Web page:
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Lowes closure in Ticonderoga slashes more than 80 jobs

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The Lowes corporation abruptly closed its big box store in Ticonderoga Sunday night, a move that affects more than eighty employees.

The company blamed lackluster sales and shuttered six other stores nationwide.

As Brian Mann reports, efforts are already underway to help laid-off workers. But the closure could also hurt regional contractors and construction workers throughout the southern Champlain Valley.

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Brian Mann
Adirondack Bureau Chief

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No warning was given to the community before the store was shuttered.  Workers were told late Sunday not to report to work this week.  The only other notice was a message left on the store's answering machine.

"We're sorry but this location is permanently closed," the message said.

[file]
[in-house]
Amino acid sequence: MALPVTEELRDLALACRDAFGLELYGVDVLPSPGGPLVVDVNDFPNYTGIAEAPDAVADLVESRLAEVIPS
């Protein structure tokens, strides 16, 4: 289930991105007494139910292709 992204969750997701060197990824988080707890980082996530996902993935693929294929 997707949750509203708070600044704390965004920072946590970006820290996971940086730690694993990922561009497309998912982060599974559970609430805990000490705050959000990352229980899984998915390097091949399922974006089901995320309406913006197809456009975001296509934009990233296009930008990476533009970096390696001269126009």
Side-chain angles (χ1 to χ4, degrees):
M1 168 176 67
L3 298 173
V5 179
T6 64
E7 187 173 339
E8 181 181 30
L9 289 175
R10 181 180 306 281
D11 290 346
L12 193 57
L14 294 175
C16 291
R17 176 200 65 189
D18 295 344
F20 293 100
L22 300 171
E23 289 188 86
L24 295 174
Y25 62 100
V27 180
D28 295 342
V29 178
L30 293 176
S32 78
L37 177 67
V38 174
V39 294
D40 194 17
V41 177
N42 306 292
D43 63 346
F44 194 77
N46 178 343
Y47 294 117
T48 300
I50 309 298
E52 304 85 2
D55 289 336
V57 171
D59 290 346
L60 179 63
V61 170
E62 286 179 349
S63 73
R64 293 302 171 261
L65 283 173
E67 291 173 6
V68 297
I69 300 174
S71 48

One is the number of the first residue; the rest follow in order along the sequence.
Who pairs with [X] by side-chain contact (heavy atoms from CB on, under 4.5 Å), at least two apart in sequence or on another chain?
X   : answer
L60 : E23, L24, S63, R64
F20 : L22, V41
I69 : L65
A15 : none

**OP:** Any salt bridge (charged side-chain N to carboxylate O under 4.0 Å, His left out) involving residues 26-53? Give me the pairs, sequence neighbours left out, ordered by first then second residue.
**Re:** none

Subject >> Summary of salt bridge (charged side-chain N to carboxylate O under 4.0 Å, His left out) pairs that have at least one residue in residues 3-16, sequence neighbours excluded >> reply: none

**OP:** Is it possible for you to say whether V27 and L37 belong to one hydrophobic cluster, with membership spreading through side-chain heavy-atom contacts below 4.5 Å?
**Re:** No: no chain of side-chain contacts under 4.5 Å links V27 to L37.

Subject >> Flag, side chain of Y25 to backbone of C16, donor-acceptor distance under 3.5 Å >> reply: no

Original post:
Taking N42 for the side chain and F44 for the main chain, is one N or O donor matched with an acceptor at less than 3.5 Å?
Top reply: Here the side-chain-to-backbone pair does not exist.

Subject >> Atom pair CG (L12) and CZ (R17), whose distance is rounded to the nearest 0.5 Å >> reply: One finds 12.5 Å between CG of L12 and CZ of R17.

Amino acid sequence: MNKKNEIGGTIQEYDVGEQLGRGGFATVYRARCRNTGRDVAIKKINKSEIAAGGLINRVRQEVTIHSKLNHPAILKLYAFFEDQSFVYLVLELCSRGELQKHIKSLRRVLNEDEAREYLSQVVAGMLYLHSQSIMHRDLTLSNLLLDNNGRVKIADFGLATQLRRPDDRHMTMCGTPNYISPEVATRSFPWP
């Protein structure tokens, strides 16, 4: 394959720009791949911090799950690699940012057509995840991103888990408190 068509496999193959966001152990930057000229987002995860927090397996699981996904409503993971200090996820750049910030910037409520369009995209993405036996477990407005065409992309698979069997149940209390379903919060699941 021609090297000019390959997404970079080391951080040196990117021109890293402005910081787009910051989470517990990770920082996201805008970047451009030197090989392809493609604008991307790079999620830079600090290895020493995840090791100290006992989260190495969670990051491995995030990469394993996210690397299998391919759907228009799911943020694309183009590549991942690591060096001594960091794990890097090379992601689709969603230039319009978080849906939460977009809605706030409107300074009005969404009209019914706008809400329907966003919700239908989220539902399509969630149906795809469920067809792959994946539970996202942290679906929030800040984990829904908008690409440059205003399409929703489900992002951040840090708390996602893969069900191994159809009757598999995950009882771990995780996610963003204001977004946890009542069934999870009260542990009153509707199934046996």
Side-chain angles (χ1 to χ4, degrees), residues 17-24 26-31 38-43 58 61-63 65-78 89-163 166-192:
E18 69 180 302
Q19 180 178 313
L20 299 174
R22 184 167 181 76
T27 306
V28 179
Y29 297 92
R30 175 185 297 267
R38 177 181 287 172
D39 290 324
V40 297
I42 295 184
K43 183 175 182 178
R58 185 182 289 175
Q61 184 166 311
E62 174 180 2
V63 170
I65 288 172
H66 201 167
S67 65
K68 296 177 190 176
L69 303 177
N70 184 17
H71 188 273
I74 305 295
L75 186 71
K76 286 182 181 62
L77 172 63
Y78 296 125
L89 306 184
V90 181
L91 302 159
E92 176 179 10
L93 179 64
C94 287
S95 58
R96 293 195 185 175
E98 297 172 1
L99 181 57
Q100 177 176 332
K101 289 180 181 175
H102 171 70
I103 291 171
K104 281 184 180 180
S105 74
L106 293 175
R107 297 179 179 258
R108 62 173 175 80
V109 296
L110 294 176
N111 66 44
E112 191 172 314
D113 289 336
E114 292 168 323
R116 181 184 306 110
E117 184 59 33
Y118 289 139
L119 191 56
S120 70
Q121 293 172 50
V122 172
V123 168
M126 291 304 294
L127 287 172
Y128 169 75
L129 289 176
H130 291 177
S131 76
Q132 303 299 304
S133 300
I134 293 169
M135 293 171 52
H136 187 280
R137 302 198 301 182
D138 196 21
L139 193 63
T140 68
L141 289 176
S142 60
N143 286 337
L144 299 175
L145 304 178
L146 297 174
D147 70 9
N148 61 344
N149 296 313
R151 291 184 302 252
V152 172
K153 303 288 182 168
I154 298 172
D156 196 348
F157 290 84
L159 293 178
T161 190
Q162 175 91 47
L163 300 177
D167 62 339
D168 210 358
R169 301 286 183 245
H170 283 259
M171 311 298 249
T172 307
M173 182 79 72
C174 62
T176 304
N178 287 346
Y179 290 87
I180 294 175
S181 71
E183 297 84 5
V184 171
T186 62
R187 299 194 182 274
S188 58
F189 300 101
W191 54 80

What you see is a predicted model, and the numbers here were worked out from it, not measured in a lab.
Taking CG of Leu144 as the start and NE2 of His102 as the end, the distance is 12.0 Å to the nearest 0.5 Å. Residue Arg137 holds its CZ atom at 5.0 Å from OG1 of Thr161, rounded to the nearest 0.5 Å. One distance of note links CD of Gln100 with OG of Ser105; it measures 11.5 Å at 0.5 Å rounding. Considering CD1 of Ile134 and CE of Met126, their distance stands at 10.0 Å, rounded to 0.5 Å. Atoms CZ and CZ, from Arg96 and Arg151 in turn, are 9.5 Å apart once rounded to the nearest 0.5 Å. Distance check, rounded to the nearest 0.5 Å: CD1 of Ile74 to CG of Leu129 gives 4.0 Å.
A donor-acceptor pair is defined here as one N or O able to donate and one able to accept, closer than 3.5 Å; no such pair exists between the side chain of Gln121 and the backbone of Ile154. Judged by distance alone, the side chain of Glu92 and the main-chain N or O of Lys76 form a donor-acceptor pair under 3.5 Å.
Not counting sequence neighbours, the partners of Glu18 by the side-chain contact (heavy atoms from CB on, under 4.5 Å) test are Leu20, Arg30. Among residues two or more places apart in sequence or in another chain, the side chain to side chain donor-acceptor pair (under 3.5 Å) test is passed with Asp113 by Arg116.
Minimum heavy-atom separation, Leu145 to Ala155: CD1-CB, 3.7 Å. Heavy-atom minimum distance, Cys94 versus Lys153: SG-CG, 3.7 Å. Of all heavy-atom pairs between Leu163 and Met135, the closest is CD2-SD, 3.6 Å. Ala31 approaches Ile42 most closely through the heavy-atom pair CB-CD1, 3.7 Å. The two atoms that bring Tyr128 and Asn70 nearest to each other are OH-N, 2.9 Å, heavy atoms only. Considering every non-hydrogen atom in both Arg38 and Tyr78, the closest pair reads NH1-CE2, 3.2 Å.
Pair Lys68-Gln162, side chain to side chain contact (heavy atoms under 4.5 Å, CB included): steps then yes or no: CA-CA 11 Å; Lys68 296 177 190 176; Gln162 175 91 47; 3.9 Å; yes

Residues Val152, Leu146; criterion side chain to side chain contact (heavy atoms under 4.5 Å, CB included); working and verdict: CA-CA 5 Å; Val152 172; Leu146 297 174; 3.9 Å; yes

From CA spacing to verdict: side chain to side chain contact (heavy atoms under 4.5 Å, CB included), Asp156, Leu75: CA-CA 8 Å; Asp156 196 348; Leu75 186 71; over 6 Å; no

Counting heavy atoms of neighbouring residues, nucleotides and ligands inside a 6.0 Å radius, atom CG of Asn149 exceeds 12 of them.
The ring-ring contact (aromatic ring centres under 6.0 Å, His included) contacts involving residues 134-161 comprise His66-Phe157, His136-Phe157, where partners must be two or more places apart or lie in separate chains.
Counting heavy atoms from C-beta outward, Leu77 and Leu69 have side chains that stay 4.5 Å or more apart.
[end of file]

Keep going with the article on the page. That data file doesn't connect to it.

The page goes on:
The Lowes store with more than 112,000 square feet was built in 2009.  It followed a controversy over the visual impacts of the store and its sign, which has now been removed from the massive structure. 

Along with a Wal-Mart, Lowes anchored Ticonderoga's retail strip on the edge of the village, attracting shoppers from across southern Essex County and Vermont.

Matt Courtright, executive director of Ticonderoga's chamber of commerce, issued a statement calling Lowes' decision "hard" and "unfortunate."

"This closure was not expected and was a surprise to everyone," he said.  

The Ticonderoga chamber will offer counseling and employee assistance workshops for Lowes workers this morning 10:30 am at the Chamber office on Montcalm Street in Ticonderoga, and again next Monday at 9 am. 

Courtright says they are also working to plan additional assistance through the state Department of Labor.

But this move comes at a time when jobs are already scarce.  Last year, another key hardware store – Aubuchon’s – closed abruptly in the nearby town of Port Henry.

According to the Plattsburgh Press-Republican, Essex town supervisors gathered for a meeting yesterday were alarmed by Lowes’ sudden closure.  Town leaders called the move “a huge setback” and “devastating for southern Essex County.

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